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Cuba’s socialism a work in progress

March 2009

Fifty years ago, on December 31, 1958, a ragtag band of bearded, gun-toting dreamers marched into Havana and forced the corrupt, Mafia linked regime of Fulgencio Batista to flee. Revolutionary and controversial changes followed, including the nationalization of property and an end to private enterprise.

Thousands fled, but Fidel Castro’s regime ushered in a set of social priorities that serve as a beacon for many who believe in a radical alternative to laissez-faire capitalism. Still, celebrations were subdued in Havana this year because of uncertainty about the ailing Castro’s health and mounting internal pressure in Cuba for change, some of which has begun, albeit somewhat timidly.

Canadians are involved to some degree in this bold experiment, with all its negatives, because we are the primary source of tourism there. Whereas solidarity tourism was for years the main source of visits to the island nation, it is now Cuba’s main source of foreign exchange. And what do we see when we visit its beaches or wander around the historic, albeit crumbling, vestiges of Spanish colonial architecture in Havana? We see mothers and fathers walking home with their five-year-olds in the ballet outfits from their after-school classes. What other country with similar GDP, population and natural resources can boast of 30,000 doctors? What other country in these circumstances has virtually eliminated illiteracy while offering the basic security of food, shelter, health care and education for all?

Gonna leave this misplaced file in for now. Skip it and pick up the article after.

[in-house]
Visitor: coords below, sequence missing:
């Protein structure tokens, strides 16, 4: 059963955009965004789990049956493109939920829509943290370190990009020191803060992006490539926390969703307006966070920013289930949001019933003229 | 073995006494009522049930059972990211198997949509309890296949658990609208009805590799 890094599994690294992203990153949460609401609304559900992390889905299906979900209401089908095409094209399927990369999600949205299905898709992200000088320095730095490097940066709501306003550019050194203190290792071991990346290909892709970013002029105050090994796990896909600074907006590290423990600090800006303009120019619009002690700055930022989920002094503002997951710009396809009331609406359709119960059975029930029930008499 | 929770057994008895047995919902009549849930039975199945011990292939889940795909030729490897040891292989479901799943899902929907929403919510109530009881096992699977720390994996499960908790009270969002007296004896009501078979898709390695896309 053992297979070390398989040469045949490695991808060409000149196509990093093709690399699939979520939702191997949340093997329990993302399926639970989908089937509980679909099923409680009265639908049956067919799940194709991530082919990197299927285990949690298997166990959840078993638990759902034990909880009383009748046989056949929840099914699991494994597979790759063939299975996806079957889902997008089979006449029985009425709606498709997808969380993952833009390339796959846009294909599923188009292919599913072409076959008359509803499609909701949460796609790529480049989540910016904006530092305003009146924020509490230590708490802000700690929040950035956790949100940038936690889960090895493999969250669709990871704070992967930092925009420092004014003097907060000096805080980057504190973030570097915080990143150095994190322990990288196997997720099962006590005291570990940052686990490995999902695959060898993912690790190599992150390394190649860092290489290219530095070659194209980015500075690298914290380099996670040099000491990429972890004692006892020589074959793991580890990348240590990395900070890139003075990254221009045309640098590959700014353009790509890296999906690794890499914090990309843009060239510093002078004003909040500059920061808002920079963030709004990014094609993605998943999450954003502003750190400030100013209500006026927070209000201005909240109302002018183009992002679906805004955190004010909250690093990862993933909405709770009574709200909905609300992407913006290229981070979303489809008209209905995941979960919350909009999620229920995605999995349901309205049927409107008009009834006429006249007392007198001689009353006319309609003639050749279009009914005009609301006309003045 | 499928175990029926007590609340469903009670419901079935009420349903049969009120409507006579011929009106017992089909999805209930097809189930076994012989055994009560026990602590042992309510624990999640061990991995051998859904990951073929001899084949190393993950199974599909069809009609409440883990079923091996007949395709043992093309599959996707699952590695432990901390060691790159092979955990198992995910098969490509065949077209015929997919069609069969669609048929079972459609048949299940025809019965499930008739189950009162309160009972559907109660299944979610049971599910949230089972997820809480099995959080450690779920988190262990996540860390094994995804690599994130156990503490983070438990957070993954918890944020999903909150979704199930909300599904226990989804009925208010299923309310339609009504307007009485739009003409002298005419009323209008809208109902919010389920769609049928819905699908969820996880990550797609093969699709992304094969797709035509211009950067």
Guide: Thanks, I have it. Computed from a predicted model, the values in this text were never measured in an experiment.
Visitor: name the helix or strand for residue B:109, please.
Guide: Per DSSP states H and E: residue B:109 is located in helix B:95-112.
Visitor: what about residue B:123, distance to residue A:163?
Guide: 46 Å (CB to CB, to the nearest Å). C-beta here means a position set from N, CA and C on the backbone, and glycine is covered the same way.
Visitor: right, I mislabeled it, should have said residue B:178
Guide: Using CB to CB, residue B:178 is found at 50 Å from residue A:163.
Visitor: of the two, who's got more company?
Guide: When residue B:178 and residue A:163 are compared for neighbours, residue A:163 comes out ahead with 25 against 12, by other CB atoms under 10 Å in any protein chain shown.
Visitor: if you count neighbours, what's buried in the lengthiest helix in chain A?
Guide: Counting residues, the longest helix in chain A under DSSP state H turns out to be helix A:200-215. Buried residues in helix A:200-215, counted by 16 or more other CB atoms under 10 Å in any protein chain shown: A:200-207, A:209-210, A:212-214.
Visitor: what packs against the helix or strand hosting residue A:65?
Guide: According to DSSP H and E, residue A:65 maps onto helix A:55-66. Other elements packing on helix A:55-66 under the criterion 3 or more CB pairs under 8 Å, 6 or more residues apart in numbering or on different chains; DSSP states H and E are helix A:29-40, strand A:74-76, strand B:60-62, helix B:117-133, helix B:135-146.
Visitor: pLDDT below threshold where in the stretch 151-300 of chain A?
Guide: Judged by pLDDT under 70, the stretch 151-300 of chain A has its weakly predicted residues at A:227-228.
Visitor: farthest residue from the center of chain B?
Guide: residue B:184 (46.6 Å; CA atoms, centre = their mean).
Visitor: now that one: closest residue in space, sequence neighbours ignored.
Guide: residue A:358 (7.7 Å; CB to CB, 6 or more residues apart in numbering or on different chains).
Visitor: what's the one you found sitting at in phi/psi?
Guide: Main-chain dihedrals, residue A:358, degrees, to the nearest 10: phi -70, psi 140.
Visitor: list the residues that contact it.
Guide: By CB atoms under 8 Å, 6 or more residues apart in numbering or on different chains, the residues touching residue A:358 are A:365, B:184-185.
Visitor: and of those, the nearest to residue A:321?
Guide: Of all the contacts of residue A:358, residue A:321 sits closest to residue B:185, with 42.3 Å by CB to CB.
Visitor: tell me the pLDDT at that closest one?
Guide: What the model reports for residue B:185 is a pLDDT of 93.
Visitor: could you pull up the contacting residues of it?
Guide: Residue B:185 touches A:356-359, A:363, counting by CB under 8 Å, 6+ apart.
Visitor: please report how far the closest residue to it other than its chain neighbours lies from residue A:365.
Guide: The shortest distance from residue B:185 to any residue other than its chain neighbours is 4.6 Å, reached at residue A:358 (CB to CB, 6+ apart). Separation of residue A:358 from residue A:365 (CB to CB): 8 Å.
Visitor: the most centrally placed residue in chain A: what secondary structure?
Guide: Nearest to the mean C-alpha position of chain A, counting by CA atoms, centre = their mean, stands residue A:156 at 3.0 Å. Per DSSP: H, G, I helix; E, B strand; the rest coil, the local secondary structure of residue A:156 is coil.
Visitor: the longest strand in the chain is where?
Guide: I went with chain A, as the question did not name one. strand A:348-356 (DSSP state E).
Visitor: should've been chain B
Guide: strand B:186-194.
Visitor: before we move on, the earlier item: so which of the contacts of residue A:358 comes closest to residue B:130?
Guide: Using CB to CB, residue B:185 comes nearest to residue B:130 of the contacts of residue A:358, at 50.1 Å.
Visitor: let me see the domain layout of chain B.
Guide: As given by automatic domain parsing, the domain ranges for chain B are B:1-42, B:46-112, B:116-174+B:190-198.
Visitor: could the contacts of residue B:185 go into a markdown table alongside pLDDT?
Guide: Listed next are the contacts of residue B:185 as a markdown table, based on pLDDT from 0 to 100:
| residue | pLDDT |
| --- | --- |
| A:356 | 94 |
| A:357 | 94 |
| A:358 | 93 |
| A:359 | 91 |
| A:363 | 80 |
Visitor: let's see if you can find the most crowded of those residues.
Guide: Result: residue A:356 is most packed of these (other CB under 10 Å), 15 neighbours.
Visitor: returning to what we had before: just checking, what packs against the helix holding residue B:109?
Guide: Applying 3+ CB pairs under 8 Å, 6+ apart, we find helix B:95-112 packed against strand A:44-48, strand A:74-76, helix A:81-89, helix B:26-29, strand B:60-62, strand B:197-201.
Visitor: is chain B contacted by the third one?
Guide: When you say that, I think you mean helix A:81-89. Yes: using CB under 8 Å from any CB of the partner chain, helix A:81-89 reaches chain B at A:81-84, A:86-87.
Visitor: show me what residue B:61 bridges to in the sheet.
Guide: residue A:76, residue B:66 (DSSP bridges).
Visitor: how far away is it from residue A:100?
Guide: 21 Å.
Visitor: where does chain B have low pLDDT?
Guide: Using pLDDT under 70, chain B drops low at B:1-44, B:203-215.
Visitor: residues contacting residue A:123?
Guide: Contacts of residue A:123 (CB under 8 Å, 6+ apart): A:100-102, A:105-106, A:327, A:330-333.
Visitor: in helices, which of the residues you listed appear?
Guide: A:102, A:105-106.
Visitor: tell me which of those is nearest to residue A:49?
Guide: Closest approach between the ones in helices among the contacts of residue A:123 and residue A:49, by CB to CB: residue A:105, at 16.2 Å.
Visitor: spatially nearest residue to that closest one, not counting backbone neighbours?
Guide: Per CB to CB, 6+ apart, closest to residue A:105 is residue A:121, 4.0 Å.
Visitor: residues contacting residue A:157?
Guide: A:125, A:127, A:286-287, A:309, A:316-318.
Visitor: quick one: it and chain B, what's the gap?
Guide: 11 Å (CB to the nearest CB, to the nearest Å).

Yes, there has been a price paid, and there is internal pressure for change. When professors and professionals would rather be tour guides and waiters because of tips, there has to be an adjustment. Salaries will have to be boosted so highly trained people can afford to do their work.

Raul Castro, the new leader, is more of a realist than his idealistic brother. Beans before bullets is his mantra. Among changes he has introduced are the Chinese and Russian buses that have made a huge difference in comfort to Havana commuters. Cubans are now allowed to visit and stay in hotels formerly reserved for foreigners, and they can have cell phones and computers. But information is still tightly controlled and Cubans need special permission to get Internet access. This restriction cannot last.

Ironically, an end to the U.S. boycott of Cuba can only accelerate the pace of change there. U.S. President Barack Obama has other priorities, but normalization of relations is overdue. When it happens it will have positive and negative effects. On the plus side, communication among peoples with differing social values can only be beneficial. Cuba will have access to a huge tourist market 135 kilometres away. But before that can happen the two countries have to talk and Cuba will be asked to compensate Americans for property seized in 1962. Hopefully, normalization will not include the Mafia-run casinos gangster Meyer Lansky was once planning to line Havana’s Malecón oceanfront with. (In The Godfather, Part II, Lansky is portrayed as the mythical Hyman Roth.) And it would be a shame to see Old Havana peppered with McDonald’s and Coca Cola signs.

There is something beautiful about how neighbours help each other in Havana, how Cubans take pride in their culture, how live music thrives in the city’s bars and cafés. Cuban ballet is first class, there are theatres throughout Havana, people actually talk to each other, and the pace of life is leisurely. Some of this may well change in the emerging Cuba.

Other shifts we have noticed: Many Cubans have had enough of the personality cult surrounding Fidel Castro and Che Guevara. They want the social values, and the security that goes with them. They don’t want a society where people have to skim off the top, or cover up for those who do to survive.



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